Canister not priming?

If you’ve kept fish for any length of time and you’ve used canister filters, chances are that you’ve had a priming issue at one time or another that results from the intake hose not staying full of water. If you haven’t yet, you will. I think it’s inevitable.

Most canister’s sold today have quick release valves that allow you to disconnect the intake and outtake hoses from the canister without having to disassemble anything or worrying about clamping hoses. Furthermore, when disconnecting these quick releases from the canister, water is typically retained in the intake hose, at least to the point where the hose crosses the top of the tank. (Note: This is assuming you’re using a canister the typical way and not connected via a pre-drilled hole in the tank like in an overflow box). While there are plenty of solutions out there for this scenario, here’s one that should work with any canister filter. ​


Filter intake tube with strainer on the end (l). Small powerhead (r). In between the two is a AAA battery for scale. Photo by the author.


Small powerhead with intake nozzle inside filter intake tube. Photo by the author.

If you have a powerhead or small submersible pump, use it to “push” water up the intake tube that is inside the tank. Most likely you have a strainer (see left photo above) or a prefilter sponge of some kind on the end of your canister intake tube inside the tank. Remove it, plug the canister in, then insert the intake nozzle of the powerhead/submersible pump into the intake tube (see right photo above). Make sure the water level in the tank is above the intake tube before you begin. It will only take a few seconds for the canister filter to begin pulling water from the intake tube and evacuate any air. ​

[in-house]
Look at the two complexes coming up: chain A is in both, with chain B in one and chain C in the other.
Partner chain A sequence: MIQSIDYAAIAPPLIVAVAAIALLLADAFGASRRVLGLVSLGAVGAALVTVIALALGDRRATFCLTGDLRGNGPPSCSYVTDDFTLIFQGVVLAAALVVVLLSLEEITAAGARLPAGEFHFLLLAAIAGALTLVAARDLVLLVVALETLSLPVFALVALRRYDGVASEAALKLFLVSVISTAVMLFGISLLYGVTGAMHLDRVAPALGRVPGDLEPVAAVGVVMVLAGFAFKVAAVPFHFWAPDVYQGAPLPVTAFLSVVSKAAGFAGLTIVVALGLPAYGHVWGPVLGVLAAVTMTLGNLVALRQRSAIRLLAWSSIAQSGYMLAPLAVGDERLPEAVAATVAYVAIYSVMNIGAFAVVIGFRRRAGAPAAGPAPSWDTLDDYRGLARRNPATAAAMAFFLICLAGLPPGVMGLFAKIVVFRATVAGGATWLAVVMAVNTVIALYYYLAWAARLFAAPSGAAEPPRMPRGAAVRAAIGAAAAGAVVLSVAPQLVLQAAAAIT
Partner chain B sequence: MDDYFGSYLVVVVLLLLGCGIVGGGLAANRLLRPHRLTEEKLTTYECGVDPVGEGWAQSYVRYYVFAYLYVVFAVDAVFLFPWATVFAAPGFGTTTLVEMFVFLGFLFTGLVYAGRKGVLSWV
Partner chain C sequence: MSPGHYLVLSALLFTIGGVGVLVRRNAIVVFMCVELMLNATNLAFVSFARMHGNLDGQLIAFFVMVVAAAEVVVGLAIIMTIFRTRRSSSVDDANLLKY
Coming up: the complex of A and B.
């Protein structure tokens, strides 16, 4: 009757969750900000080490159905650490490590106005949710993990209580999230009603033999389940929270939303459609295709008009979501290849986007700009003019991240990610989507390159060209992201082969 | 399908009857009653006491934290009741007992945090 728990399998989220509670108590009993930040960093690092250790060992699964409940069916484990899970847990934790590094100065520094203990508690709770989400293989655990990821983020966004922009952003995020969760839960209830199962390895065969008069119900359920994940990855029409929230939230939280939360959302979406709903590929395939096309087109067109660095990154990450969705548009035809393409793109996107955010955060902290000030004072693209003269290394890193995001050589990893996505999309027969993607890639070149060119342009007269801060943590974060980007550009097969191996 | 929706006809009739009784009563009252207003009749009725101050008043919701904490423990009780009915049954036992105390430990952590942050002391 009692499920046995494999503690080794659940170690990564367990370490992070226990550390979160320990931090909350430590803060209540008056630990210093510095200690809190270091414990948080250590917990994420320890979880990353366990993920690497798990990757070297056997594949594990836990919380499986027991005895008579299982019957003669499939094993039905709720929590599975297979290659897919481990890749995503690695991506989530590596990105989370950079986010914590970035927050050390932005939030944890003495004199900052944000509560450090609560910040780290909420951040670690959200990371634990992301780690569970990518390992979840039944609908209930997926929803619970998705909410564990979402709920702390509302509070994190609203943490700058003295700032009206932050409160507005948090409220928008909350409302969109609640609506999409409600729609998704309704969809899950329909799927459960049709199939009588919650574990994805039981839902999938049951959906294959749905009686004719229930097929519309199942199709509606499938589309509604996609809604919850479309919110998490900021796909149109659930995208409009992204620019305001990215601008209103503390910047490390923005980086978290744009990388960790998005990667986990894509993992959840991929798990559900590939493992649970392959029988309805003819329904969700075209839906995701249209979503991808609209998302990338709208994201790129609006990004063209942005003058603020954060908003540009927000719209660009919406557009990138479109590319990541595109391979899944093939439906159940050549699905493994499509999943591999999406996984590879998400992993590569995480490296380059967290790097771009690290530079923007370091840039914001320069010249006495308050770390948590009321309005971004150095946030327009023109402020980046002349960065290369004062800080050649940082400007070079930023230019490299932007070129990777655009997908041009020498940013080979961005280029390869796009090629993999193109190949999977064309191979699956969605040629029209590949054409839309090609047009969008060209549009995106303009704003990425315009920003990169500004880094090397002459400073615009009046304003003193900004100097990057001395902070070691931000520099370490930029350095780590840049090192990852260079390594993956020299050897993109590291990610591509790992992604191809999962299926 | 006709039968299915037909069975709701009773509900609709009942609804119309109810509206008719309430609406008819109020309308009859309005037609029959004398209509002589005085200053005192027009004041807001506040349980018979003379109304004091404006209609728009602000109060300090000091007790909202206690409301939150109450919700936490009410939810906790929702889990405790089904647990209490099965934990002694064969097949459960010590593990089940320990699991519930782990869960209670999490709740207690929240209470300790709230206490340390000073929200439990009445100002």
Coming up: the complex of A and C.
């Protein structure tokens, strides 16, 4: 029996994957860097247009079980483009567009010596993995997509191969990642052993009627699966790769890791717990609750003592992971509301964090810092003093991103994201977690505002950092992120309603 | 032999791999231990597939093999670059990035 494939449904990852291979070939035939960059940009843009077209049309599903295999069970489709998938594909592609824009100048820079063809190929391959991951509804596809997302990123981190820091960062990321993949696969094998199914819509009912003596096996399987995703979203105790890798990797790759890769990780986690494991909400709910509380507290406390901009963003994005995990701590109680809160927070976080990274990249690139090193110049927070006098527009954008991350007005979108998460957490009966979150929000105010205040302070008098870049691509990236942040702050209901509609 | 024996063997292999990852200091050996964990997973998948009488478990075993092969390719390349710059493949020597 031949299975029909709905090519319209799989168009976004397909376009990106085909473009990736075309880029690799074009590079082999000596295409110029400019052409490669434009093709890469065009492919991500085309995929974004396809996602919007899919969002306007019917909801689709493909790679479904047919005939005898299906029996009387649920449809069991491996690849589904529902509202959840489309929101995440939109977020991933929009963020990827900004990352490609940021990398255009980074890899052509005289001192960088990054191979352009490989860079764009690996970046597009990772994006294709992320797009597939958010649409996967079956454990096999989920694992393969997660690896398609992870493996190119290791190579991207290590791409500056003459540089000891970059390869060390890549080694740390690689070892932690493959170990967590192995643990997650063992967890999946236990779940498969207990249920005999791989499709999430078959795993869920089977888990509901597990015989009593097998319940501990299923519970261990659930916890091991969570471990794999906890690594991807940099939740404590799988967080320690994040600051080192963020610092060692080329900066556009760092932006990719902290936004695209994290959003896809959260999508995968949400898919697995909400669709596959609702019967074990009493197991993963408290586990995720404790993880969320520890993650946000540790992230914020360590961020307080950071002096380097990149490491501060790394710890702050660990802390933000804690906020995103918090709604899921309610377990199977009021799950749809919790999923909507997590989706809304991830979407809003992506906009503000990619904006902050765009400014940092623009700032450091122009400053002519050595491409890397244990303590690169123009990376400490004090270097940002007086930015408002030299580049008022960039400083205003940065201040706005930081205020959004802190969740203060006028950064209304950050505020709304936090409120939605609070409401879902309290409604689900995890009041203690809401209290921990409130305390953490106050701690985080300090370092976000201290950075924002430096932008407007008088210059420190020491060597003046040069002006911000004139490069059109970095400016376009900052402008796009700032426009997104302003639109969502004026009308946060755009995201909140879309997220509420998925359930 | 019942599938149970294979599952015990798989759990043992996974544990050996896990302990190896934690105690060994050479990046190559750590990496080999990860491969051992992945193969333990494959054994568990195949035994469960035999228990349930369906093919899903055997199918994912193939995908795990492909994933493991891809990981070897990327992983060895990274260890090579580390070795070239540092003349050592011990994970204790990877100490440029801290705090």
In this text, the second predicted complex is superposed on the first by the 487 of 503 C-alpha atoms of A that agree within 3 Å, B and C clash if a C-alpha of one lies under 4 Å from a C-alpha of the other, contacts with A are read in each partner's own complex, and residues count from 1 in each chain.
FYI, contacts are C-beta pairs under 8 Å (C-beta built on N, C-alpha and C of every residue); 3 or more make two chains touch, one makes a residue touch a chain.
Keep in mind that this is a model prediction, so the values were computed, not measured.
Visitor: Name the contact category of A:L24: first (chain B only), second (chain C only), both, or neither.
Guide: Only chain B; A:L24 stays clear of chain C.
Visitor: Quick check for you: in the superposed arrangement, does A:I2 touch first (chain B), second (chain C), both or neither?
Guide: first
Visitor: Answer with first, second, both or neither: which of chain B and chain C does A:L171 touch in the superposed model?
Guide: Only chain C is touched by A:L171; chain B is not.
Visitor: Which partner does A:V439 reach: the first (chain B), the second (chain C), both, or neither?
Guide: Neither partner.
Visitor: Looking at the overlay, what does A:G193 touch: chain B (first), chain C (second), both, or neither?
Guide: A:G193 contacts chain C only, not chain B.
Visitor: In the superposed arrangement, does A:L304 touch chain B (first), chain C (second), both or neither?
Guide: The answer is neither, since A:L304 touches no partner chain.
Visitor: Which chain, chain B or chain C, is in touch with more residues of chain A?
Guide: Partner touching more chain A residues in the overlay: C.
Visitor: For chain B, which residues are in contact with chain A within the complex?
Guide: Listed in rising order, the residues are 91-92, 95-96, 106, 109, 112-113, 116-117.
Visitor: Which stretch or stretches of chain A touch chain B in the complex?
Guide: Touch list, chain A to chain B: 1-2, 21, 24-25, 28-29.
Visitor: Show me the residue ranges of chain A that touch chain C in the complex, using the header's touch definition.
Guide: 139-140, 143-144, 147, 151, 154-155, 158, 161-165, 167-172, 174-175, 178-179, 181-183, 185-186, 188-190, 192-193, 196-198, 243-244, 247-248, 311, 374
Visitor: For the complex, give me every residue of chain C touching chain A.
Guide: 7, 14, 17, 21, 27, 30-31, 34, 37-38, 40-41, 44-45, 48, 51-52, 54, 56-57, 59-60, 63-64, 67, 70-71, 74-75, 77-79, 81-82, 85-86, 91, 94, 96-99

This solution can also work with a wet/dry, sump type of filter. However, trying it will require some additional steps, which is a post for anther day.

NOTE: Do NOT use a large/powerful powerhead or submersible pump for this. For most canister filters, a powerhead or submersible pump rated at ~160 gph should be more than sufficient. If the pump head pressure is too high, you could blow the hose off of a fitting. That’s unlikely to happen, but anything is possible when you create great water pressure inside a closed loop. All you need is enough pump head pressure to “push” water up the intake until it reaches the top of the tank where the canister takes over and begins the water flow.

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